Net Income (loss) attributable to common shareholders and net income (loss) per share:
 
Net income (loss) attributable to common shareholders was $(3,850) and $288 for the three months ended June 30, 2011 and 2010, respectively, and $(3,057) and $(2,411) for the nine months ended June 30, 2011 and 2010 respectively.  The   diluted net loss per share was $0.65 for the three months ended June 30, 2011 compared to diluted net income per share in the three months ended June 30, 2010 of $0.06. Diluted net loss per share was $0.58 and $0.49 for the nine months ended June 30, 2011 and 2010 respectively.   The net loss available to common shareholders and  diluted net loss per share in the three and nine months ended June 30, 2011 was impacted by a deemed dividend on the Series A preferred shares issued on May 11, 2011 of $3,277 as described in Note 3 to the condensed consolidated financial statements .   The income (loss) available to common shareholders would have been $(573) and $220 for the three and nine months ended  June 30, 2011, respectively, exclusive of the deemed dividend.   The diluted net income per share exclusive of the deemed dividend was $0.06 and $0.22 for the nine months ended June 30, 2011 and 2010 respectively.  We consider the income available to common shareholders and basic and diluted earnings per share exclusive of the deemed dividend to be a useful measure in comparing operating results of the Company because the deemed dividend is considered a nonrecurring item. The diluted weighted average common shares outstanding include the dilutive effects of the Series A preferred shares, warrants and stock options. We compute diluted earnings per share using the if-converted method for preferred stock and the treasury stock method for stock options and warrants.  The following table reconciles GAAP net income (loss) per share to the net income (loss) per share exclusive of the deemed dividend.

 
15

 

The following table reconciles GAAP net income (loss) per share to the adjusted net income (loss) per share.

   
Three
Months
Ended
June 30,
2011
   
Nine
Months
Ended
June 30,
2011
 
             
GAAP basic net income (loss):
           
             
Net income
  $ 418     $ 1,211  
Less:  Deemed dividend for Series A preferred shares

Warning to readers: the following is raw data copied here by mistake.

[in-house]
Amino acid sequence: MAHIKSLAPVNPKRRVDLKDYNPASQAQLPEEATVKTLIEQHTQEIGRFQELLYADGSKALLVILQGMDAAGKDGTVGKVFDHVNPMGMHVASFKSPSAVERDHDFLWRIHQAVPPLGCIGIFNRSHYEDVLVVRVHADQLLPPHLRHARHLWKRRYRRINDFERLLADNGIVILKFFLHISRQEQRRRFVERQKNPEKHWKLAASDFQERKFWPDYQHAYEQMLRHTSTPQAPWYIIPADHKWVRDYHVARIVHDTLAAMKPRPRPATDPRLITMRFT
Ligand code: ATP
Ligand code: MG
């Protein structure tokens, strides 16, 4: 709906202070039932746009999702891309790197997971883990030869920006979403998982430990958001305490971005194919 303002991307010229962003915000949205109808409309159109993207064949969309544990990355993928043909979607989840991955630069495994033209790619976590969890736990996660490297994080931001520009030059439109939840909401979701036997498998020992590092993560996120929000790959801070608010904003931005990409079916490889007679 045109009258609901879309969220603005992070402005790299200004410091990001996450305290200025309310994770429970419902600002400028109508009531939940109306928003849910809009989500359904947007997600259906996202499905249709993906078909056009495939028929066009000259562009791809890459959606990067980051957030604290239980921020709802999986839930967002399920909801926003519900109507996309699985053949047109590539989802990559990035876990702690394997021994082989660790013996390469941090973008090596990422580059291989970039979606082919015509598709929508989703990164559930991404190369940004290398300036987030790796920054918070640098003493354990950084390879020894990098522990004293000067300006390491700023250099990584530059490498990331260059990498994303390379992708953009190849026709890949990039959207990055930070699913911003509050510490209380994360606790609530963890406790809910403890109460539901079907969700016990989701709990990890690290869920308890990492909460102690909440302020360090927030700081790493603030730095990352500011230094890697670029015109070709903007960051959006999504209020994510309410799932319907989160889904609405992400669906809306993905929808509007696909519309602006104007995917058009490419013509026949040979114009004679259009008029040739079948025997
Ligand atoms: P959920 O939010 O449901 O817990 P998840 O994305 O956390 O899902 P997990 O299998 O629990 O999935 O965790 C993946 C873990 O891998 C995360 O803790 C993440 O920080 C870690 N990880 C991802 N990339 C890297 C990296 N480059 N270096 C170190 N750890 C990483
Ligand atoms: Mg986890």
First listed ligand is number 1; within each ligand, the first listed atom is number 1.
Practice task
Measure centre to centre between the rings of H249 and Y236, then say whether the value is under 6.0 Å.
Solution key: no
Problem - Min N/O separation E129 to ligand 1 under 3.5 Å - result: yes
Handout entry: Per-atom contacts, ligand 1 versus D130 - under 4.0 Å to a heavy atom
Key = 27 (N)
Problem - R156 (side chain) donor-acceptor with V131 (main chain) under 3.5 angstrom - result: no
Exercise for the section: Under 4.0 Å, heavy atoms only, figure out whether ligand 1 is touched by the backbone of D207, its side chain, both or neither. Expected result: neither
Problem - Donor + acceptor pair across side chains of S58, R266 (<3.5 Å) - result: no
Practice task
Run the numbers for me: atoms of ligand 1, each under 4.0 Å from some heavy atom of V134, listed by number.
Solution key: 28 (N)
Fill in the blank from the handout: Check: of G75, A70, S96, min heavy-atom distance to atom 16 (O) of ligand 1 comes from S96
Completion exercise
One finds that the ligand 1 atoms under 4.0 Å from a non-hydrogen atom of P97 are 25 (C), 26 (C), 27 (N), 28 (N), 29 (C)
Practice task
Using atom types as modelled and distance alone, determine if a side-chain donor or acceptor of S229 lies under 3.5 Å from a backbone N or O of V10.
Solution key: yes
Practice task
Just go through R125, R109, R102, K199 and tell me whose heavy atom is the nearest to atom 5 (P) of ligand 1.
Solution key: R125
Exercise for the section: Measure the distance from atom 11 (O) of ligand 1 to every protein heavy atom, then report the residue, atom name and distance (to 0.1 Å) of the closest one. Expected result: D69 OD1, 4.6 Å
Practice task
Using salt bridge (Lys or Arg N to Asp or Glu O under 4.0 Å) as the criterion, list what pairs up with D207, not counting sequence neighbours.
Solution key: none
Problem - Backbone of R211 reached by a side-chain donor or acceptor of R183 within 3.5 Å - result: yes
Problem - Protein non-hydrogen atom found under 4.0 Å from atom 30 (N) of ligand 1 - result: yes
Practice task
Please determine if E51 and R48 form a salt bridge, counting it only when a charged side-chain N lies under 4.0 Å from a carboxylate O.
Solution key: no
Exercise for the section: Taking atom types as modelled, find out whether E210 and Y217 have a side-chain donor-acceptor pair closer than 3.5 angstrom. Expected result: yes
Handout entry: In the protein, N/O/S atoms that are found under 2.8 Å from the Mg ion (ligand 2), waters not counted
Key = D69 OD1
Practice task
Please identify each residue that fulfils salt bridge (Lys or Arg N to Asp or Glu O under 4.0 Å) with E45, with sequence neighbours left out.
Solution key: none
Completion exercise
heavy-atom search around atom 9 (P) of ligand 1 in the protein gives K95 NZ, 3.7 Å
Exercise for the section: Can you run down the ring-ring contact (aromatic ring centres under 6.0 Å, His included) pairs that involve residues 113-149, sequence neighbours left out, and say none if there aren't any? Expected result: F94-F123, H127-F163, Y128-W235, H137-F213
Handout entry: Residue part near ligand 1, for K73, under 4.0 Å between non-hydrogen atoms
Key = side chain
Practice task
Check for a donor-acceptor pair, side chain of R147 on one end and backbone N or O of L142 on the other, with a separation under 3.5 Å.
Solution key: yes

(3,277 )     (3,277 )
Less:  Preferred dividends
    (991 )     (991 )
GAAP net loss applicable to common shareholders
  $ (3,850 )   $ (3,057 )
                 
Basic net income (loss) per share, exclusive of the deemed dividend:
 
   
GAAP net loss applicable to common shareholders
  $ (3,850 )   $ (3,057 )
Plus:  Deemed dividend for Series A preferred shares
    3,277       3,277  
Net income (loss) applicable to common shareholders
  $ (573 )   $ 220  
                 
GAAP weighted average common shares outstanding
    5,911       5,247  
                 
Basic net income (loss) per share, exclusive of the deemed dividend
  $ (0.10 )   $ 0.04  
                 
Diluted net income per share, exclusive of the deemed dividend:
         
Net income (loss) applicable to common shareholders, exclusive of deemed dividend
  $ (573 )   $ 220  
Plus:  Preferred dividend
    991       991  
     $ 418     $ 1,211  
                 
GAAP diluted weighted average common shares outstanding
    5,911       5,247  
Plus:  Incremental shares from assumed conversions
               
    Series A preferred shares
    841       280  
    Warrants
    124        
Stock options
    92       90  
Adjusted diluted weighted average common shares outstanding
    6,968       5,617  
                 
Diluted net income per share, exclusive of the deemed dividend
  $ 0.06     $ 0.22  

Critical Accounting Policies
 
"Management's Discussion and Analysis of Financial Condition and Results of Operations" and "Liquidity and Capital Resources" discuss the unaudited condensed consolidated financial statements of the Company, which have been prepared in accordance with accounting principles generally accepted in the United States. Preparation of these financial statements requires management to make judgments and estimates that affect the reported amounts of assets, liabilities, revenues and expenses, and the disclosures of contingent assets and liabilities. Certain significant accounting policies applied in the preparation of the financial statements require management to make difficult, subjective or complex judgments, and are considered critical accounting policies. We have identified the following areas as critical accounting policies.

 
16

 
 
Revenue Recognition

The majority of our service contracts involve the processing of bioanalytical samples for pharmaceutical companies. These contracts generally provide for a fixed fee for each assay method developed or sample processed and revenue is recognized under the specific performance method of accounting. Under the specific performance method, revenue and related direct costs are recognized when services are performed. Other service contracts generally consist of preclinical studies for pharmaceutical companies. Service revenue is recognized based on the ratio of direct costs incurred to total estimated direct costs under the proportional performance method of accounting. Losses on contracts are provided in the period in which the loss becomes determinable. Revisions in profit estimates are reflected on a cumulative basis in the period in which such revisions become known. The establishment of contract prices and total contract costs involves estimates made by the Company at the inception of the contract period. These estimates could change during the term of the contract which could impact the revenue and costs reported in the consolidated financial statements. Projected losses on contracts are provided for in their entirety when known. Revisions to estimates have not been material. Service contract fees received upon acceptance are deferred and classified within customer advances, until earned. Unbilled revenues represent revenues earned under contracts in advance of billings.